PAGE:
Diane Keaton's Book "Then Again" is an Homage to Mom

Actress and icon Diane Keaton completes a three-year labor of love with the publication of her book Then Again. The memoir serves as an ode to her mother, who in 2008 died at the age of 86 from Alzheimer’s, 15 years after she was diagnosed with the disease.

Then Again (Random House, $26), on sale today, is culled from from the eighty-five journals Keaton’s mother, Dorothy Keaton Hall, kept over her lifetime. Ms. Keaton juxtaposes her own thoughts about life with those of her mother during a similar time-frame.

Calling her mother the “love of my life,” the book poignantly details Ms. Hall’s frustrations with aging, struggles with caregiving for a terminally ill spouse, and the fear of what lay ahead after her diagnosis through her many journal entries.

June 1993. This is the day I heard I have the beginning of Alzheimer’s disease. Scary.

Ms. Keaton describes how her mother continued to write in her journals. When she could no longer write sentences, she wrote single words. When she could not find the words, she wrote numbers. She wrote in her journals until she could not write any longer.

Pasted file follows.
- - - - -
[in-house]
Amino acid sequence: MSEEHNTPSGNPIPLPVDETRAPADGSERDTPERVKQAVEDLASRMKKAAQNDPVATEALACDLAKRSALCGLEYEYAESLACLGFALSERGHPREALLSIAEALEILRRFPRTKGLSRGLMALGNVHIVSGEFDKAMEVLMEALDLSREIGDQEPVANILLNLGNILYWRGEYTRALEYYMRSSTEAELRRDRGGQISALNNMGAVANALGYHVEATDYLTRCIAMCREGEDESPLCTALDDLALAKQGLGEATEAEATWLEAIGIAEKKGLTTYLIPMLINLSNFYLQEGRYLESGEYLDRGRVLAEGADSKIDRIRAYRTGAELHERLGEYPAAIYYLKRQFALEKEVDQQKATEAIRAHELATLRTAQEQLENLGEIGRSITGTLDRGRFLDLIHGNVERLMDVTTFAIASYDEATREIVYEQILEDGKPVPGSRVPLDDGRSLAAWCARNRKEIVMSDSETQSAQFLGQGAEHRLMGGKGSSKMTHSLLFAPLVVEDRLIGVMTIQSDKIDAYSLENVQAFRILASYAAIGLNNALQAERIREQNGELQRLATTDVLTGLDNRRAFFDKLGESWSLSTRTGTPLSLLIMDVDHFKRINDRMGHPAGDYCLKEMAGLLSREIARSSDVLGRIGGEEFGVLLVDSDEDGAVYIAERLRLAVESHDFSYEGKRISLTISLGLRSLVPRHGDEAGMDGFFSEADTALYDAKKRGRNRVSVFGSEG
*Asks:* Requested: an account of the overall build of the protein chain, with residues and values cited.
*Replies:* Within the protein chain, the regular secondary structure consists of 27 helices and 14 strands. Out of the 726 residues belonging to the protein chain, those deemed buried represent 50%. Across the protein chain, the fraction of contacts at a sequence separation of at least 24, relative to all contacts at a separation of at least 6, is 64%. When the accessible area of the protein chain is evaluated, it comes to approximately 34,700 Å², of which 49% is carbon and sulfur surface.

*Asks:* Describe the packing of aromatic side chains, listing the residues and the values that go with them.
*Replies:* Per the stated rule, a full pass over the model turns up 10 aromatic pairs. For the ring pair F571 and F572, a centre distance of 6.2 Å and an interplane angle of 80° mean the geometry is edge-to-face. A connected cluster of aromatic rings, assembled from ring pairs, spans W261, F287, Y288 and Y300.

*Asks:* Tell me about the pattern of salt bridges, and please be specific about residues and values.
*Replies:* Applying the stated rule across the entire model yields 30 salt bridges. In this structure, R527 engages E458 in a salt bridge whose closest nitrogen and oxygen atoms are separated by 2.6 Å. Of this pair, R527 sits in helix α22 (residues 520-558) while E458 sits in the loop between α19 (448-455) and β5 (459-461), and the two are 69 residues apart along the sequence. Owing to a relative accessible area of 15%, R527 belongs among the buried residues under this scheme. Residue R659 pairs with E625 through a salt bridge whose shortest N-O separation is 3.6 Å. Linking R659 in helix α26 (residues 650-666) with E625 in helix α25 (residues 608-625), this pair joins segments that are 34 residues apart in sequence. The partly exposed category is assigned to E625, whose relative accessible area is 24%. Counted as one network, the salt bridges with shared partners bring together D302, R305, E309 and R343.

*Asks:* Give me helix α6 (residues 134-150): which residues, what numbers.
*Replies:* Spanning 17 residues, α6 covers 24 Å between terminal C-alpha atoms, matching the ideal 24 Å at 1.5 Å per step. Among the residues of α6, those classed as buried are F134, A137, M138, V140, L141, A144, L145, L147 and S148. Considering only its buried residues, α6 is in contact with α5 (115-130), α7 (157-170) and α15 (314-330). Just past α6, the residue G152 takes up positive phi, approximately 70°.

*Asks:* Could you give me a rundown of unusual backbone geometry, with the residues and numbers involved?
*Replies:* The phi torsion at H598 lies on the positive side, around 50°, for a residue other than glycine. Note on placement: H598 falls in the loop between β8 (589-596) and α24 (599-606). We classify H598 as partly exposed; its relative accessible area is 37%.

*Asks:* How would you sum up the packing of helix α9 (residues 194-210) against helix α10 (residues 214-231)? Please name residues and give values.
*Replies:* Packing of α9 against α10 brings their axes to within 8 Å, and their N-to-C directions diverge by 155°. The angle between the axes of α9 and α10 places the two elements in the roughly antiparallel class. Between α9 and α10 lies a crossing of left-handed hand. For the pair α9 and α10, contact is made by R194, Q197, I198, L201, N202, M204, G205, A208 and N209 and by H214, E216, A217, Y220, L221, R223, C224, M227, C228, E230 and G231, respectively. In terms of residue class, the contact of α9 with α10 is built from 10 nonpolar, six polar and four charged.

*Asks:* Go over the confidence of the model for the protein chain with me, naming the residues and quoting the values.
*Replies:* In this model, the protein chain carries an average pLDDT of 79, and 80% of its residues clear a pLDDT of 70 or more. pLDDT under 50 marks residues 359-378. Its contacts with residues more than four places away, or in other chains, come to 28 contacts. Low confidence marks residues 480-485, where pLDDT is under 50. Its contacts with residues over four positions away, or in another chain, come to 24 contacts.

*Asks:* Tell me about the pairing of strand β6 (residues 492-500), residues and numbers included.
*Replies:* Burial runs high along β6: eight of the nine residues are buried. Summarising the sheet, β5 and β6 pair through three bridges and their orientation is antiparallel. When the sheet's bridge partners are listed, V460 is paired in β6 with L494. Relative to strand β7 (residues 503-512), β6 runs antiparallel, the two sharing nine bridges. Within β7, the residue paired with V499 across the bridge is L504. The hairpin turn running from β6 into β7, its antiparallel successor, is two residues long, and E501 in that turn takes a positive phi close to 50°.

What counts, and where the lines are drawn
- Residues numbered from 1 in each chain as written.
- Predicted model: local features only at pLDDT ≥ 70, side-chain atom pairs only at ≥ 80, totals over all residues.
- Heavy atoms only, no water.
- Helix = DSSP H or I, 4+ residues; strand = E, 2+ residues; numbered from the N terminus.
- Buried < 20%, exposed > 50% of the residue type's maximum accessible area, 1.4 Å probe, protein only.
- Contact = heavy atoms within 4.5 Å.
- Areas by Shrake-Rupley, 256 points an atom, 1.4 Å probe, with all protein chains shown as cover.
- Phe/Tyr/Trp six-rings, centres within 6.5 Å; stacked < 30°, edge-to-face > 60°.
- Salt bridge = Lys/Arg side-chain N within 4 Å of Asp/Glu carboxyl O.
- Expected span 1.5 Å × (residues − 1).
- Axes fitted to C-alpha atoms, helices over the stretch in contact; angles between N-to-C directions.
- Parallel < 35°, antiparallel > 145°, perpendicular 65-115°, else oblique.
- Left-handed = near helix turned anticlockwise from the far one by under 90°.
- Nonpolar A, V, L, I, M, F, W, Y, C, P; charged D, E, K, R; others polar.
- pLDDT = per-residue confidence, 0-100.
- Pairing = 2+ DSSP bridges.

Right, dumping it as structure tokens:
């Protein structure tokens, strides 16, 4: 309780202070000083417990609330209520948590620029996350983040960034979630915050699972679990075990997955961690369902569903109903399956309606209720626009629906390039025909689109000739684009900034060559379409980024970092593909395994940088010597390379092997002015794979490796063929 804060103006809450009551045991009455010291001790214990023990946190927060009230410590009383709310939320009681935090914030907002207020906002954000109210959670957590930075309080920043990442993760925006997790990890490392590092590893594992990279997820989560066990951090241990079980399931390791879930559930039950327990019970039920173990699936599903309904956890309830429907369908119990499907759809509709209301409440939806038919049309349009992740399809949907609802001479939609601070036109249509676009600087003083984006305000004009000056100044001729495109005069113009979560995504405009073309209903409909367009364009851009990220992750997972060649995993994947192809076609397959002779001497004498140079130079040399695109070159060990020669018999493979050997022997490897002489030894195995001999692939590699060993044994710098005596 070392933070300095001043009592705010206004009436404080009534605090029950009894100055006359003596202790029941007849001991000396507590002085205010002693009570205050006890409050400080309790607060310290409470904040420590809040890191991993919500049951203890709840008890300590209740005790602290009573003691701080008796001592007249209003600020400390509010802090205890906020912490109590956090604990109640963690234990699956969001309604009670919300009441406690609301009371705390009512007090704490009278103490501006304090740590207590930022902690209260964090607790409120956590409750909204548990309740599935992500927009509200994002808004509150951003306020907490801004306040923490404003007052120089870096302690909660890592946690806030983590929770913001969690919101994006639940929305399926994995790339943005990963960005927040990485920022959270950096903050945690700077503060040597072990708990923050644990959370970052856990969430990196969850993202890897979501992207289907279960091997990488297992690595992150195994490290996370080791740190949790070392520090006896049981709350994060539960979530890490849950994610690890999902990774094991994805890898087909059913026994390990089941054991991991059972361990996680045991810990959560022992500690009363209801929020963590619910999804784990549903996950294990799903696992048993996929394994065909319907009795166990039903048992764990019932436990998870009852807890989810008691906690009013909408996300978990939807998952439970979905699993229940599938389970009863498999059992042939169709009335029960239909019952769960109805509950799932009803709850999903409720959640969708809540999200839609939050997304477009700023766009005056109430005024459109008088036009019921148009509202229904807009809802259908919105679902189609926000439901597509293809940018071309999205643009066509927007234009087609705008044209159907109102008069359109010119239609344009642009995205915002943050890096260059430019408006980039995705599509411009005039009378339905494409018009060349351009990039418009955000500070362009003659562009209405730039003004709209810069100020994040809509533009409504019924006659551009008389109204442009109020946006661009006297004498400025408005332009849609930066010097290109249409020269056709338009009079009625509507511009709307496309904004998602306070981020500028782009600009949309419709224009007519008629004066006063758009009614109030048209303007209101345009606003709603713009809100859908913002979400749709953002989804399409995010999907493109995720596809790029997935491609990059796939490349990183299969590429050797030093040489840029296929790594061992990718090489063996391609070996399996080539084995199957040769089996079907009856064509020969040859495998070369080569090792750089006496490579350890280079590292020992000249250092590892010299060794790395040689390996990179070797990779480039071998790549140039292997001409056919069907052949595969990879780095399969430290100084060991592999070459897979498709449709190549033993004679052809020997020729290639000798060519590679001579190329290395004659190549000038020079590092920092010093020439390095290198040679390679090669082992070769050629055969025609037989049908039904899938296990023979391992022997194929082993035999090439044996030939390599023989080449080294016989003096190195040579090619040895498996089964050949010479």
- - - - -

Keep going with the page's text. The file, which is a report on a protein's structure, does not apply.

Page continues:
Ms. Keaton also describes these difficult years helping care for her mother as her mind succumbed to Alzheimer’s. Alzheimer's disease is a brain disorder named for German physician Alois Alzheimer, who first described it in 1906. Today we know that Alzheimer's is a progressive and fatal brain disease.

Diane Keaton discusses the relationship with her mother in an author interview on NPR. "The two of us were partners in life. My mother really was this person who was in love with my aspirations," she says. "That's really why I forced myself to read (the journals). And of course, I was completely unprepared for the depth that I encountered."

You can read an excerpt from this wonderfully bittersweet book here.

Caregiverlist.com’s Caregiving Training Videos help support caregivers by training them for the challenges of caring for seniors with memory loss, including Alzheimer’s Disease and dementia.

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